Molecular Modelling of disease causing variants

In recent years, genome-wide association studies (GWAS) and family studies have identified genetic variations (single nucleotide polymorphisms – SNPs) that affect CVDs. The selected SNPs are further evaluated for their likely function based on publicly available genomic annotation.

We use molecular dynamics studies to understand the molecular mechanism of annotated missense variants in proteins in relation to CVDs. In a second step, we use a wide range of bioinformatic tools, such as homology modelling, pharmacophore search, QSAR and molecular docking strategies to identify suitable chemical compounds (ligands) that inhibit or activate the potential drug target (protein) that is involved in the disease-causing molecular mechanism.


Dr. rer. nat. Stephanie Tennstedt

In 2011 we identified ADAMTS7 in genome-wide association studies as a risk locus for coronary artery disease (CAD).

While studies in rats demonstrated, that Adamts7 is overexpressed in carotid arteries in parallel with neointima formation after vascular injury, Adamts7-KO mice on a high-cholesterol diet showed significantly reduced atherosclerotic lesion formation and loss of neointima formation after vascular injury. Although a causal link between ADAMTS7 and CAD has not been proven yet, ADAMTS7 may present a new target for CAD-therapies.

Therefore, we aim to identify ADAMTS7 inhibitors, to verify the connection between ADAMTS7 and CAD risk factors.

In 2016 we were the first to publish an ADAMTS7 homology model and a structure based pharmacophore model for ADAMTS7 inhibitors (Müller et al. 2016). These models built the foundation for current virtual screenings of in-house libraries for ADAMTS7 inhibitors.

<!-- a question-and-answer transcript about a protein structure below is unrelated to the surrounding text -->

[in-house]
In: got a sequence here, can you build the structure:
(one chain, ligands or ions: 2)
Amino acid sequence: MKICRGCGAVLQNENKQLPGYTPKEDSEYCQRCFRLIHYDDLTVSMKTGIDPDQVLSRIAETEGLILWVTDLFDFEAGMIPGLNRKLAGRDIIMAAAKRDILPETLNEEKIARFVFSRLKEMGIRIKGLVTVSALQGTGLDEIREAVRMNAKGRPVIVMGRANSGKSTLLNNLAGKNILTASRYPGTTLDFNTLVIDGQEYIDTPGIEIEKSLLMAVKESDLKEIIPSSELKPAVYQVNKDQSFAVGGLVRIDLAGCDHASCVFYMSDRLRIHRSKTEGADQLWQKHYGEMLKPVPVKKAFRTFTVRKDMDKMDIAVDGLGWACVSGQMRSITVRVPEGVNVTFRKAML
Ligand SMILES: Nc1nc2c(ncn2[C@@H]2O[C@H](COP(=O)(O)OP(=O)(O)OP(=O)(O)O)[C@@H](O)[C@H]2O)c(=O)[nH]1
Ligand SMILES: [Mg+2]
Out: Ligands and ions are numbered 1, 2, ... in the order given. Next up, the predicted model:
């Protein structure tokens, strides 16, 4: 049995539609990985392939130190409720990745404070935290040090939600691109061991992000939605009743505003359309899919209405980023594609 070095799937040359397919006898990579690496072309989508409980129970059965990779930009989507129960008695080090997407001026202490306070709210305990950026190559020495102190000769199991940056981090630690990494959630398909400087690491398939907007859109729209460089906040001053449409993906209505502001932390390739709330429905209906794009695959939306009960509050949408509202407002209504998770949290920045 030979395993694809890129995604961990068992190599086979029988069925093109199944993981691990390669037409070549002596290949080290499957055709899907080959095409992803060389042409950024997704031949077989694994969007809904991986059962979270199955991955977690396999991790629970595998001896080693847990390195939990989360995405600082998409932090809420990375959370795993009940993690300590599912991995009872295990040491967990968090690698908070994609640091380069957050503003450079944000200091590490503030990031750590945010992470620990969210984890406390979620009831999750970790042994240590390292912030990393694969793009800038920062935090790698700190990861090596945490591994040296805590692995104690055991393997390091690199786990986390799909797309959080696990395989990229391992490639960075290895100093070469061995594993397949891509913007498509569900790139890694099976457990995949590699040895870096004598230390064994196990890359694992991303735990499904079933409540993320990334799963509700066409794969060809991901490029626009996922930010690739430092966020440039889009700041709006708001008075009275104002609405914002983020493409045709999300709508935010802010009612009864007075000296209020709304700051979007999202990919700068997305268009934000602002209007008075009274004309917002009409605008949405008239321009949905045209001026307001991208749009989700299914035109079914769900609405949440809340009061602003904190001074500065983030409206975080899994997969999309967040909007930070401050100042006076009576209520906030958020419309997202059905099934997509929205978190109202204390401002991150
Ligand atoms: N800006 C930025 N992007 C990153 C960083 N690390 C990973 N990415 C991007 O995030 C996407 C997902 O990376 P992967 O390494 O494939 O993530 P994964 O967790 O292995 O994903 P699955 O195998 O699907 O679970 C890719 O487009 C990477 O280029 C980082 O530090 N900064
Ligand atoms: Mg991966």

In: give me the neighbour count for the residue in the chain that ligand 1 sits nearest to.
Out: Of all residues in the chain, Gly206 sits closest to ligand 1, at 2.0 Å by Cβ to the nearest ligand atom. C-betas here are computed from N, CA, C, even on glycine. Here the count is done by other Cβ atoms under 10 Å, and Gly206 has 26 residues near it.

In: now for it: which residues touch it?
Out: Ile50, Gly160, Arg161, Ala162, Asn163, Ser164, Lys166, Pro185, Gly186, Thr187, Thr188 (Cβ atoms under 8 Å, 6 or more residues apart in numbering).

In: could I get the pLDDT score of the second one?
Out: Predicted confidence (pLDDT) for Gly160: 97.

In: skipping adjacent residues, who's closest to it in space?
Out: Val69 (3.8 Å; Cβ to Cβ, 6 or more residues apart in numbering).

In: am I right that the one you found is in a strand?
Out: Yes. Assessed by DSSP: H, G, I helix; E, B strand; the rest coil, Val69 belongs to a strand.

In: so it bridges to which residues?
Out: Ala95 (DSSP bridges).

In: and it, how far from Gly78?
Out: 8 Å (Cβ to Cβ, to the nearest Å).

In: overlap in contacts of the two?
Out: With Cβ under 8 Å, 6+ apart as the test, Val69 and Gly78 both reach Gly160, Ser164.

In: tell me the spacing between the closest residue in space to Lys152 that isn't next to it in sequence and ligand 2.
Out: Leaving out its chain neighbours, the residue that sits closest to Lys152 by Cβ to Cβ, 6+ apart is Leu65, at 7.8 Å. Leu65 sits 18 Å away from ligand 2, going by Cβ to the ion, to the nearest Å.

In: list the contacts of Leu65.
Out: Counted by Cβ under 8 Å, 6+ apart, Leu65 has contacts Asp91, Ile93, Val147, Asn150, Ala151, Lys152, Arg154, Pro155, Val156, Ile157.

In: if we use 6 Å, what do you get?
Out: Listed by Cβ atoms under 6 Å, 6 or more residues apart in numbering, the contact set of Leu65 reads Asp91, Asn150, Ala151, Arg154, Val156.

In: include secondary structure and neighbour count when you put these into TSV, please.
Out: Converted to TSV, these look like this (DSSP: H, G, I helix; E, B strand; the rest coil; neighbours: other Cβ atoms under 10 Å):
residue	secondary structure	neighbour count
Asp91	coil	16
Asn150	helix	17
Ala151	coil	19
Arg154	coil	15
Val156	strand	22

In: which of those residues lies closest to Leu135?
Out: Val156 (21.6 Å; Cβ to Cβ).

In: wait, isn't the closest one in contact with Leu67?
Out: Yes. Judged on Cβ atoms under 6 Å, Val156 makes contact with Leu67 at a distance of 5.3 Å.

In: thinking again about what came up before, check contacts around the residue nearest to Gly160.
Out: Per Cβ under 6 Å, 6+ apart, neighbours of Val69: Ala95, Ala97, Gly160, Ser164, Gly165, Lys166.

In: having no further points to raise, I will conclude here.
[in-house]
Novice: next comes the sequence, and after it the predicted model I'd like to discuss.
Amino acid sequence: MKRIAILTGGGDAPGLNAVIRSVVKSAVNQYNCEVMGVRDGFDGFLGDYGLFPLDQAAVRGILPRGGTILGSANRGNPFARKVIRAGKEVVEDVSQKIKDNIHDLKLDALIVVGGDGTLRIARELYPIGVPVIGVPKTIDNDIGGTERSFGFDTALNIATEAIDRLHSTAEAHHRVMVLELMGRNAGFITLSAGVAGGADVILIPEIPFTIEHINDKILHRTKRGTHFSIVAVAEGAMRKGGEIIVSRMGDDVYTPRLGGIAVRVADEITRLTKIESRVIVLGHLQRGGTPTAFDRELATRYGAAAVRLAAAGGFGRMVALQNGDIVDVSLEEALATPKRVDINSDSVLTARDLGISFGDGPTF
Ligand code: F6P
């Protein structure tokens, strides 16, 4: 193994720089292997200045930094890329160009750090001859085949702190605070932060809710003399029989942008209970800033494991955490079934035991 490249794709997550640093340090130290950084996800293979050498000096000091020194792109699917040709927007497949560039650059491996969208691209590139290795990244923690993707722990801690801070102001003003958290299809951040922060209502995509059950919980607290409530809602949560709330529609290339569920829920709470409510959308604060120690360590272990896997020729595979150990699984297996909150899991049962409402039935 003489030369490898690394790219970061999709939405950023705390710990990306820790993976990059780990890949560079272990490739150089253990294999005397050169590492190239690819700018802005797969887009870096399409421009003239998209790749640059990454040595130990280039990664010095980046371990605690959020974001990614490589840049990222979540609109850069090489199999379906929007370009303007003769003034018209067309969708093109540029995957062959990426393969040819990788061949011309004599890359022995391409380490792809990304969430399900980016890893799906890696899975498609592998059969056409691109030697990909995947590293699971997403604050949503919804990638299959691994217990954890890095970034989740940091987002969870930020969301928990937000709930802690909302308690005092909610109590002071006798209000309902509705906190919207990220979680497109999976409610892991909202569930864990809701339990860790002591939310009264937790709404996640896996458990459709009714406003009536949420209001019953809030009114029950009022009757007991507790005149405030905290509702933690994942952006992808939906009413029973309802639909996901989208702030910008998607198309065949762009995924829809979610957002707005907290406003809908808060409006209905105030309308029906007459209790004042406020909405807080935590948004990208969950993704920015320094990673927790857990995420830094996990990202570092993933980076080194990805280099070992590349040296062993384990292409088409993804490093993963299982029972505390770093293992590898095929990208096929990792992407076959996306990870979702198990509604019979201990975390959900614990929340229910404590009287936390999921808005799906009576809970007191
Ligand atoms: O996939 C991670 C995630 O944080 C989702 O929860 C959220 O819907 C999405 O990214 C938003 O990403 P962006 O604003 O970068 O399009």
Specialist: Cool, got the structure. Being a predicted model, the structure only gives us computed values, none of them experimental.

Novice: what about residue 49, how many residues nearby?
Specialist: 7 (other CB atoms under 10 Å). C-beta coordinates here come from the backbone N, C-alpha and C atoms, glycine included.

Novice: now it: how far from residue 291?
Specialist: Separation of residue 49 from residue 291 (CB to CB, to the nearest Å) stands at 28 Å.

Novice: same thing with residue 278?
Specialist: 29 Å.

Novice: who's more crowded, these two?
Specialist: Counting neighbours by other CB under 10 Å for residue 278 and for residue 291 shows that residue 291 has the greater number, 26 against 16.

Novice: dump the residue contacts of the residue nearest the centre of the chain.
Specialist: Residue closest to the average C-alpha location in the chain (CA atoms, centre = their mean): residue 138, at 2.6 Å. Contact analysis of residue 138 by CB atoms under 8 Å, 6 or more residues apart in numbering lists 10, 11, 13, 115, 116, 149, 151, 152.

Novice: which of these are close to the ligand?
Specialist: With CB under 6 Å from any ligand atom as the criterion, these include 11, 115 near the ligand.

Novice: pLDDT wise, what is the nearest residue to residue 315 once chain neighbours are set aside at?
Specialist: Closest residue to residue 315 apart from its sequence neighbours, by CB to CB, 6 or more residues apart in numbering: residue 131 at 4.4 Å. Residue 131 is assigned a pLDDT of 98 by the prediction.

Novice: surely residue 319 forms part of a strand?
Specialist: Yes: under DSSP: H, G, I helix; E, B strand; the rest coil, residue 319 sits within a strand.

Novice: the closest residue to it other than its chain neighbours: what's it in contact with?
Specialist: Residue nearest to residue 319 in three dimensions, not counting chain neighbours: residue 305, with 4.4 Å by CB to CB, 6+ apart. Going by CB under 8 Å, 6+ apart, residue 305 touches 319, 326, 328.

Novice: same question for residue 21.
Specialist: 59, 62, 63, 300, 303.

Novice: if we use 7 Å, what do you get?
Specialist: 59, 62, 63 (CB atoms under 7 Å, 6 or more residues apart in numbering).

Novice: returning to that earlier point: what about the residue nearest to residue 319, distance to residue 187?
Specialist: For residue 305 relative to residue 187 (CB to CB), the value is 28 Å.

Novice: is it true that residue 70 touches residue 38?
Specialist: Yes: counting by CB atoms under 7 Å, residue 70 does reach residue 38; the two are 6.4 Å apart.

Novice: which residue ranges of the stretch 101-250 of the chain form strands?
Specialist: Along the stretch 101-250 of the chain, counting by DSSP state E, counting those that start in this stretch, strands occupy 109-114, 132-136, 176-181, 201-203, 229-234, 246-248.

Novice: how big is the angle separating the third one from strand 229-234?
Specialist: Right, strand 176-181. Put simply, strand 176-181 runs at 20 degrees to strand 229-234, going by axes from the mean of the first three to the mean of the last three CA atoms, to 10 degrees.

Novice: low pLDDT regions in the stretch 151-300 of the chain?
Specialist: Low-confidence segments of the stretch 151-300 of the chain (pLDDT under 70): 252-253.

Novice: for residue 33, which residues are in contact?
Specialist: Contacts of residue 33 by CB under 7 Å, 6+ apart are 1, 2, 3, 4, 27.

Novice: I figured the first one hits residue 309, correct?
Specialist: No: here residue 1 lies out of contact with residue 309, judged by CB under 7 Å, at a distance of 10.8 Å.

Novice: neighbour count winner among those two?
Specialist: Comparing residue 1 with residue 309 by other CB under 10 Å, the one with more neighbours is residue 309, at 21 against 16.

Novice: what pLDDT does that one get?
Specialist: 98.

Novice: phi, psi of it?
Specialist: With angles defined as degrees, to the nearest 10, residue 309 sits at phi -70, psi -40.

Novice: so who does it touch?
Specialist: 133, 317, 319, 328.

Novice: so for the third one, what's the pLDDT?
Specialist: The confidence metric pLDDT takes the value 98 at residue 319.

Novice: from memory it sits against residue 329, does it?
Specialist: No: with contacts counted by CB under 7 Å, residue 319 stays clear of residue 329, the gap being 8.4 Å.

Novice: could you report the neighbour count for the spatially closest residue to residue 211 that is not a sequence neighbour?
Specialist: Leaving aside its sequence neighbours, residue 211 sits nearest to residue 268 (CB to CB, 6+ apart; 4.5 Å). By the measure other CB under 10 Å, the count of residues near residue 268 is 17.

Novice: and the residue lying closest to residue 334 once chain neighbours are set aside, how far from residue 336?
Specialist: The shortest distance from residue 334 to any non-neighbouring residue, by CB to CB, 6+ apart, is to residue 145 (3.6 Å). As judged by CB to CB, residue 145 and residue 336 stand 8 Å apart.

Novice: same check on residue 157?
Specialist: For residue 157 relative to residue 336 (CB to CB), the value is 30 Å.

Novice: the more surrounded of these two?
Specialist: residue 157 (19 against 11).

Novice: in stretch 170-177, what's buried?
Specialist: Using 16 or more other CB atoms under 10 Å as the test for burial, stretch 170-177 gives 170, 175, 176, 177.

As a next step in the development of a new therapeutic target for CAD we will validate our in silico results, using our in-house  in vitro and zebrafish assays.

Viktor Verovenko

Whole exome sequencing in multiple extended families presenting with premature myocardial infarction (MI) revealed a, most likely pathogenic, missense variant in the matrix metalloproteinase 10 (MMP10) gene in two of these families.

Matrix metalloproteinases are known to degrade various components of the extracellular matrix (ECM). They are synthesized as proenzymes and secreted into the extracellular space, where multiple mechanisms can lead to MMP activation. Together with their inhibitors, the tissue inhibitors of metalloproteinases (TIMPS), MMPs play a major role in vascular remodeling through their impact on cell migration and proliferation. Thus, an imbalance of the MMP/TIMP homeostasis may underlie the pathogenesis of different vascular diseases.

The aim of this project is to understand the underlying mechanism on how the identified MMP10 variant is related to the MI phenotype by using in-silico (molecular dynamics simulations) and in-vitro assay.

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